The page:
Do I Actually Need Two Hearing Aids?

Man able to enjoy lively party because he's using two hearing aids instead of one.

For most people both ears don’t normally have the same exact amount of hearing loss. One ear is commonly a small amount worse than the other, triggering many to ask the question: Do I truly need two hearing aids, or can I simply deal with the ear with more considerable hearing loss?

One hearing aid, in many cases, will not be better than two. But a single hearing aid might be an acceptable choice in some less common circumstances.

There’s a Reason Why You Have Two Ears

Whether you know it or not, your ears effectively work as a pair. That means using two hearing aids has some benefits over using one.

  • Being Able to Localize Correctly: Your brain is always working, not just to understand sounds but also to place them in order to determine where they’re coming from. In order to properly triangulate where sound is coming from, your brain needs input from both ears. It is much more difficult to determine where sounds are coming from when you can only hear well out of one ear (Which may come in handy, for instance, if you live next to a busy street).
  • Tuning in When People Are Talking: The whole point of using a hearing aid is to help your hearing. Other people talking is something you will definitely need to hear. Because your brain has more sound input when wearing hearing aids, it is better able to filter out background noise allowing it to determine what sounds to focus on because they are closer.
  • Improved Ear Health: An unused sense will atrophy in the same way as an unused muscle will. Your hearing can start to go downhill if your ears don’t receive regular sound input. Get the organs of your ears the input they require to preserve your hearing by using two hearing aids. If you have tinnitus, wearing two hearing aids can reduce it and also improve your ability to identify sounds.
  • Modern Hearing Aids Work Together: More modern hearing aid technology is made to work as a pair just like your ears are. The artificial intelligence and advanced features work well because the two pieces communicate with each other and, much like your brain, identify which sounds to amplify and focus on.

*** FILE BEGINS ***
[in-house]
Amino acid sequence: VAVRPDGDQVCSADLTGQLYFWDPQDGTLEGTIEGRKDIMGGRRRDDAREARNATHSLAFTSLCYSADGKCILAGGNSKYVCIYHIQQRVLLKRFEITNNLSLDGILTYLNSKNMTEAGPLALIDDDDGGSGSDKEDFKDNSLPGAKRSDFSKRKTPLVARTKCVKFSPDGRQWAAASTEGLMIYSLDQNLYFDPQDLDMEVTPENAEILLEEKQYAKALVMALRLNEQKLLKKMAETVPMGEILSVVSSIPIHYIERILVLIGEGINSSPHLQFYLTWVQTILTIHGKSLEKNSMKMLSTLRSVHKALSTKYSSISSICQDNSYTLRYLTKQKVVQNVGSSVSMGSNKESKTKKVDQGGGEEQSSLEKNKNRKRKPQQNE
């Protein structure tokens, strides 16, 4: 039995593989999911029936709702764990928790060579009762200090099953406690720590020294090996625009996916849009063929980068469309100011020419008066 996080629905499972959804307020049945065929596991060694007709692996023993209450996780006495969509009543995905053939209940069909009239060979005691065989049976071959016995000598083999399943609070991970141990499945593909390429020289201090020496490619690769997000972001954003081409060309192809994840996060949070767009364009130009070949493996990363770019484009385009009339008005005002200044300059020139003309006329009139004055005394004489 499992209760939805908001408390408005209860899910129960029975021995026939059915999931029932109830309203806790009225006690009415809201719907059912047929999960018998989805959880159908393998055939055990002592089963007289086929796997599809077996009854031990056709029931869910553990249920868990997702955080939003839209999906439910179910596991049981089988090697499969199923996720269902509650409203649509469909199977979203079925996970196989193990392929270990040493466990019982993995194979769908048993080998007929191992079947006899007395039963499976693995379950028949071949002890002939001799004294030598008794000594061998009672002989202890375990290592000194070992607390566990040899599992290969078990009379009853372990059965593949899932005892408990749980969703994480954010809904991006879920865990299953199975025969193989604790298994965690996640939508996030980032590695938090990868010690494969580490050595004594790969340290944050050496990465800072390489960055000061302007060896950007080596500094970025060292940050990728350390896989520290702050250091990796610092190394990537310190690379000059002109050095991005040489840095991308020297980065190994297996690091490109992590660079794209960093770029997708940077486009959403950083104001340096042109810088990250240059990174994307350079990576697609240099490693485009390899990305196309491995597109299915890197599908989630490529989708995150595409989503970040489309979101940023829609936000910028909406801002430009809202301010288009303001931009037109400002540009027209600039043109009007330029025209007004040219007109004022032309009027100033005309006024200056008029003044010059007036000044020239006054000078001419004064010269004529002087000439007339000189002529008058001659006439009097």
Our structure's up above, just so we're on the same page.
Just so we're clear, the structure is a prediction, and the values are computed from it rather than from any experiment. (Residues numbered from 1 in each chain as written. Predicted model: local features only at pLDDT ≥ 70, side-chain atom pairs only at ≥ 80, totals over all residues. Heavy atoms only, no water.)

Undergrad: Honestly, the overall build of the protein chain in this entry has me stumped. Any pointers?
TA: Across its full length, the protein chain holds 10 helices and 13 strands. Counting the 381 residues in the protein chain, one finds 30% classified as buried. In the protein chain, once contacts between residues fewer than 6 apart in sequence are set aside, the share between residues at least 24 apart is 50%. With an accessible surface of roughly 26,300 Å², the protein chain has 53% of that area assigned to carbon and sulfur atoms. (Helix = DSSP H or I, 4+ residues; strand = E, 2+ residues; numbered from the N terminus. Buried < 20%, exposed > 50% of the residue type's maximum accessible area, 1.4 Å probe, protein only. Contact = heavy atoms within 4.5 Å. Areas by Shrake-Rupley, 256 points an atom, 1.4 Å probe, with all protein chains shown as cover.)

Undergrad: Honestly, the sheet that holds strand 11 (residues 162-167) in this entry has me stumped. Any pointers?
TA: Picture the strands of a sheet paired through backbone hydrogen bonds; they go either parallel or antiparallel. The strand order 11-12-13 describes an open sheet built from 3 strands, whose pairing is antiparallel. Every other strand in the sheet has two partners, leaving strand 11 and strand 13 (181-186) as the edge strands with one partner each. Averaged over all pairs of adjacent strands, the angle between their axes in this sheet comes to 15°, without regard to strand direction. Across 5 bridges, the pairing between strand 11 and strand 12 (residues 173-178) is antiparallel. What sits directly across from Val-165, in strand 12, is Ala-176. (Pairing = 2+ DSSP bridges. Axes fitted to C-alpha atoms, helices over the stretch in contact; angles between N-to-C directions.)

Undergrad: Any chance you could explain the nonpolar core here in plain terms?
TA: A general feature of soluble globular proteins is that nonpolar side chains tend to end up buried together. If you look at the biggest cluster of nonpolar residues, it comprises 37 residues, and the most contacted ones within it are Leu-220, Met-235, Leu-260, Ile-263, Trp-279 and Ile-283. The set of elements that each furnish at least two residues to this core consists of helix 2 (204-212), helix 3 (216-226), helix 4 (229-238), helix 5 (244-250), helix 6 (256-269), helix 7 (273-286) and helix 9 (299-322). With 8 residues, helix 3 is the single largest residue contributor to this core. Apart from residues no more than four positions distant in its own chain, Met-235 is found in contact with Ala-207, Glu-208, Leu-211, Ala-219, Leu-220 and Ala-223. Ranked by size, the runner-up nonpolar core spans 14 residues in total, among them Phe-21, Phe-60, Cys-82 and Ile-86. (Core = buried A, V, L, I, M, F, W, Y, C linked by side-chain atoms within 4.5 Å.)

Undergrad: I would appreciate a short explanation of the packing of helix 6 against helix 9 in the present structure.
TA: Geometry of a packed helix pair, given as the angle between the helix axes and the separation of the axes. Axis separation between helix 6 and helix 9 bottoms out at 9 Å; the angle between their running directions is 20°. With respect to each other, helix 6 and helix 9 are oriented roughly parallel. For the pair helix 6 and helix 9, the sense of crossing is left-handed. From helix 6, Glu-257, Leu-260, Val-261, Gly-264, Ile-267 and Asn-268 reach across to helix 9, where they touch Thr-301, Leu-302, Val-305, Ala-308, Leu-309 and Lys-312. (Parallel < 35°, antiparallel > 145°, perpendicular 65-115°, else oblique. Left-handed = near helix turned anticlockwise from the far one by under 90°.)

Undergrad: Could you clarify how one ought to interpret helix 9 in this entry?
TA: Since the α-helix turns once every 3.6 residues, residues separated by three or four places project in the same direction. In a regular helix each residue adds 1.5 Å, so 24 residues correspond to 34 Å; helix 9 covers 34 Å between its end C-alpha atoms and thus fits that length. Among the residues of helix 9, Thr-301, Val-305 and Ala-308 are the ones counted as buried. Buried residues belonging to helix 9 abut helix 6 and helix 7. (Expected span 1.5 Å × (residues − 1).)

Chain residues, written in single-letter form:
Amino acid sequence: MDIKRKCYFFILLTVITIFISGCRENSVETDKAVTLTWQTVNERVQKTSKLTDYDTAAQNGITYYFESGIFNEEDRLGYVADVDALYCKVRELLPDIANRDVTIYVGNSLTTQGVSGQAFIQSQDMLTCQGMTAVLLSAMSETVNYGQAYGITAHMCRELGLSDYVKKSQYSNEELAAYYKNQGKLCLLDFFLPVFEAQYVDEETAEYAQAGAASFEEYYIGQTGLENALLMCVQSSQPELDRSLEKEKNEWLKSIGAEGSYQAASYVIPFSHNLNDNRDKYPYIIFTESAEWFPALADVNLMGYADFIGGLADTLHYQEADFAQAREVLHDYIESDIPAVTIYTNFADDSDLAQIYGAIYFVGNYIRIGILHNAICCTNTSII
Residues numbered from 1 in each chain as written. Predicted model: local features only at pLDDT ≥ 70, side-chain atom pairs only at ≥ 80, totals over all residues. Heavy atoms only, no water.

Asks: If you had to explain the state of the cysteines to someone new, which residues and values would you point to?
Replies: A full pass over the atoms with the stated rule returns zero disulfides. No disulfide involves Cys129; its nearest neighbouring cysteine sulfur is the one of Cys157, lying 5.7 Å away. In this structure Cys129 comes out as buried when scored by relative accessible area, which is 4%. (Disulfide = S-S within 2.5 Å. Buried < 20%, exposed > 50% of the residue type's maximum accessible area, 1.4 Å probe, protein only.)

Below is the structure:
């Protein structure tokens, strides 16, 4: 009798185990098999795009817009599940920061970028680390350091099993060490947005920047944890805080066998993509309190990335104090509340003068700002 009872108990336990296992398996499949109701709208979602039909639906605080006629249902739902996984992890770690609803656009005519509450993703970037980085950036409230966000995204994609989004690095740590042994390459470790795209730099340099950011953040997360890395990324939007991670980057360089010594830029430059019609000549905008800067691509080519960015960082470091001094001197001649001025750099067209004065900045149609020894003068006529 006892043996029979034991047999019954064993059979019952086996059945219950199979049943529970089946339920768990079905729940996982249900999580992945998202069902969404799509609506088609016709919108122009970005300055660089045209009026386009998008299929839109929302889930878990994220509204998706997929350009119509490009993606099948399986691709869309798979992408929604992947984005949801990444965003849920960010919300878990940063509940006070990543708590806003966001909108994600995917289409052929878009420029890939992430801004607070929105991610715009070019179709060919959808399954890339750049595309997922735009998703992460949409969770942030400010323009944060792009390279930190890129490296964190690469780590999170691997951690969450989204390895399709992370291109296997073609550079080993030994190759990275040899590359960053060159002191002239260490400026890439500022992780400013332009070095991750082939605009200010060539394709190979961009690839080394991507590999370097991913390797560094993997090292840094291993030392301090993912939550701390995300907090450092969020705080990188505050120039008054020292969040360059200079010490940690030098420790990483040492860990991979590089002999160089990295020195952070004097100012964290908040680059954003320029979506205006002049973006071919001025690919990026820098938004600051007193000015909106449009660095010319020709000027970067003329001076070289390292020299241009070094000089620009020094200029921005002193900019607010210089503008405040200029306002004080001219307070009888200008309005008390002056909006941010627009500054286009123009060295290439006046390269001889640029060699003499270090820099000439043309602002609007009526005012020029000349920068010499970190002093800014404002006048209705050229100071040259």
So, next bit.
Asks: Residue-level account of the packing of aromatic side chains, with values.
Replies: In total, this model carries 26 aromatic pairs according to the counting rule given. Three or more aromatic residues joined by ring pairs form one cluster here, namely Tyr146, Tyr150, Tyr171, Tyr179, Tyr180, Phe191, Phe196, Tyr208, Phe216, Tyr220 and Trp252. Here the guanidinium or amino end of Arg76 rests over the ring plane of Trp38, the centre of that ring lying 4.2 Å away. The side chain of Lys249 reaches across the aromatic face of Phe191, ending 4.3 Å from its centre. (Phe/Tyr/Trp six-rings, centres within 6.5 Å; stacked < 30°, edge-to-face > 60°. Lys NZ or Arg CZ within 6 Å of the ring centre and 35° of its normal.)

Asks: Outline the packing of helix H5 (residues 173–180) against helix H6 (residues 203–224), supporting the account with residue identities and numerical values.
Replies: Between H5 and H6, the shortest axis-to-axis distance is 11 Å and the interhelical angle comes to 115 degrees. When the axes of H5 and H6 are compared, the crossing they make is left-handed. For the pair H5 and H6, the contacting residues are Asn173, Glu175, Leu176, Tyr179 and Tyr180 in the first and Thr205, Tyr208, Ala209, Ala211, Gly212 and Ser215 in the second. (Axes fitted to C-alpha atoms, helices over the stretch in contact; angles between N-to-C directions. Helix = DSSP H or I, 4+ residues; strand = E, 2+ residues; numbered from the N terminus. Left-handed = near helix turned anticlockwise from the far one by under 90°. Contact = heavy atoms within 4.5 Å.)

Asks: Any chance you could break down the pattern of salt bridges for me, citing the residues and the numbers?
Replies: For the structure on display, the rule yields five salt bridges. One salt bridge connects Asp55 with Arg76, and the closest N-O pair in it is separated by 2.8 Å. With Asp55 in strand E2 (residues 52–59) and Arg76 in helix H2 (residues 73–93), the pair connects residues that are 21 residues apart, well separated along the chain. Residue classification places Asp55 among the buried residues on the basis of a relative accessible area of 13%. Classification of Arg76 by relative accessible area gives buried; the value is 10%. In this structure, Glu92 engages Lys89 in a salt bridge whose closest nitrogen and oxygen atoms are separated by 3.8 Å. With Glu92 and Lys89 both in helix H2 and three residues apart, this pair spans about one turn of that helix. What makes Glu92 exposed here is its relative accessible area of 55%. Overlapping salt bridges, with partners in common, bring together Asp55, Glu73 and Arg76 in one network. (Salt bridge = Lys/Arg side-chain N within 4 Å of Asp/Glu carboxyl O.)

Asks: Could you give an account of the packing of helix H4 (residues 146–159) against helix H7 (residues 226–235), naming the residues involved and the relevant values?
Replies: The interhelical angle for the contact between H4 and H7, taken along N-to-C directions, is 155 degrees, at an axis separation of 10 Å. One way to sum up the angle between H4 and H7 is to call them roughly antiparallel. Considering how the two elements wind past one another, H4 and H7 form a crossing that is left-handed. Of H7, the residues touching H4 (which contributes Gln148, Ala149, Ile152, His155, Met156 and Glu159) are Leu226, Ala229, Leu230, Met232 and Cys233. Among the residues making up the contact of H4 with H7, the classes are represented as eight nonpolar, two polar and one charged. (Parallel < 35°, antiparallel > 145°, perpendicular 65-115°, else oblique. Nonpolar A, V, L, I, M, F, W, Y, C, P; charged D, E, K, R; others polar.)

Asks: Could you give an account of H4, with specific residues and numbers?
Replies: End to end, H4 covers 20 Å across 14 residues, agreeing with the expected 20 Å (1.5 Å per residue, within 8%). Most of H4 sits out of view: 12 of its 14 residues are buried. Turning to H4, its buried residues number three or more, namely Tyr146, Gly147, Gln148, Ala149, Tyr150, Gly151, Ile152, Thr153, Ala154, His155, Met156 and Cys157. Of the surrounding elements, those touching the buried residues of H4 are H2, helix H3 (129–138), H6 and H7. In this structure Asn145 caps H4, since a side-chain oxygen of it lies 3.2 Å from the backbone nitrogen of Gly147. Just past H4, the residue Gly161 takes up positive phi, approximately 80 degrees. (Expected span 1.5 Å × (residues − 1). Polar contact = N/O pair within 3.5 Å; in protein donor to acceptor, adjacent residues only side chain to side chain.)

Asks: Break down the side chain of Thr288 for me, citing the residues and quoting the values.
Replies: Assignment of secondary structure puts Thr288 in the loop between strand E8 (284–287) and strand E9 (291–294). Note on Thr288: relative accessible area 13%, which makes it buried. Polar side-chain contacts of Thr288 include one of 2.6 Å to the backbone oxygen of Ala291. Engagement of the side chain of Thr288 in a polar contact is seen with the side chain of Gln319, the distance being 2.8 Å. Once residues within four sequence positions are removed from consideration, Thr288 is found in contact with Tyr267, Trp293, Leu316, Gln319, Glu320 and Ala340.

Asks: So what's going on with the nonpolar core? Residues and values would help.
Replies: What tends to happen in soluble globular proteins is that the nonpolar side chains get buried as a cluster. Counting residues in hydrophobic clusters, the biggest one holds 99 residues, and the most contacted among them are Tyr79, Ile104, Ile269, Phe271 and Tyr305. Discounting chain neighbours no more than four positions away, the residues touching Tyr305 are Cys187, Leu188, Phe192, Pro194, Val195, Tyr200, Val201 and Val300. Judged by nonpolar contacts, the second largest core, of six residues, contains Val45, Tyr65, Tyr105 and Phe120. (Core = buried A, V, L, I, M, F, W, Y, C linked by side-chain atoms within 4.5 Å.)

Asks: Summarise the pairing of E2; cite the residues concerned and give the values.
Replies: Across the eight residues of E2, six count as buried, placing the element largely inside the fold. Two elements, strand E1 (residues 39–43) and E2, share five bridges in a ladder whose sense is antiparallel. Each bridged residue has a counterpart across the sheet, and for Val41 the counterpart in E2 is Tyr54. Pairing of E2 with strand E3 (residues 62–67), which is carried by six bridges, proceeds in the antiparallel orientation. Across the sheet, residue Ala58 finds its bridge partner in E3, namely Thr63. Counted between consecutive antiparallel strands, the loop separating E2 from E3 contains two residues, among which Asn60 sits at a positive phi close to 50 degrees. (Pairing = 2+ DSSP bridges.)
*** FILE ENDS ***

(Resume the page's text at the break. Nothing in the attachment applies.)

Does One Hearing Aid Make Sense in Certain Circumstances?

In most instances, wearing a pair of hearing aids is the smarter option. But that raises the question: If someone is using a hearing aid in only one ear, why?

Well, commonly there are two reasons:

  • Financial concerns: Some people feel that they can save money if they can wear just one hearing aid. If you truly can’t afford to buy two, one is better than not getting one at all. It’s significant to understand, however, it has been proven that your overall health costs will increase if you have untreated hearing loss. Even neglecting hearing loss for two years has been shown to raise your healthcare costs by 26 percent, and ignoring any hearing loss in one ear can elevate your chances of things like falling. So talk to your hearing expert to make sure only getting one hearing aid is a good idea for you. Finding ways to help make hearing aids more affordable is an additional service we offer.
  • You still have perfect hearing out of one ear: If just one of your ears requires a hearing aid, then you may be best served by having a hearing aid in just one ear but it’s certainly something you should talk to your hearing professional about (having one better ear is not the same as having one perfect ear).

One Hearing Aid is Not as Beneficial as Two

Two hearing aids, however, will be better than one for your ears and hearing in most situations. There are just too many advantages to having strong hearing in both ears to dismiss. In most instances, just as having two ears is better than having only one, having two hearing aids is definitely better than having only one. Schedule an appointment with a hearing care professional to get your hearing examined.

The site information is for educational and informational purposes only and does not constitute medical advice. To receive personalized advice or treatment, schedule an appointment.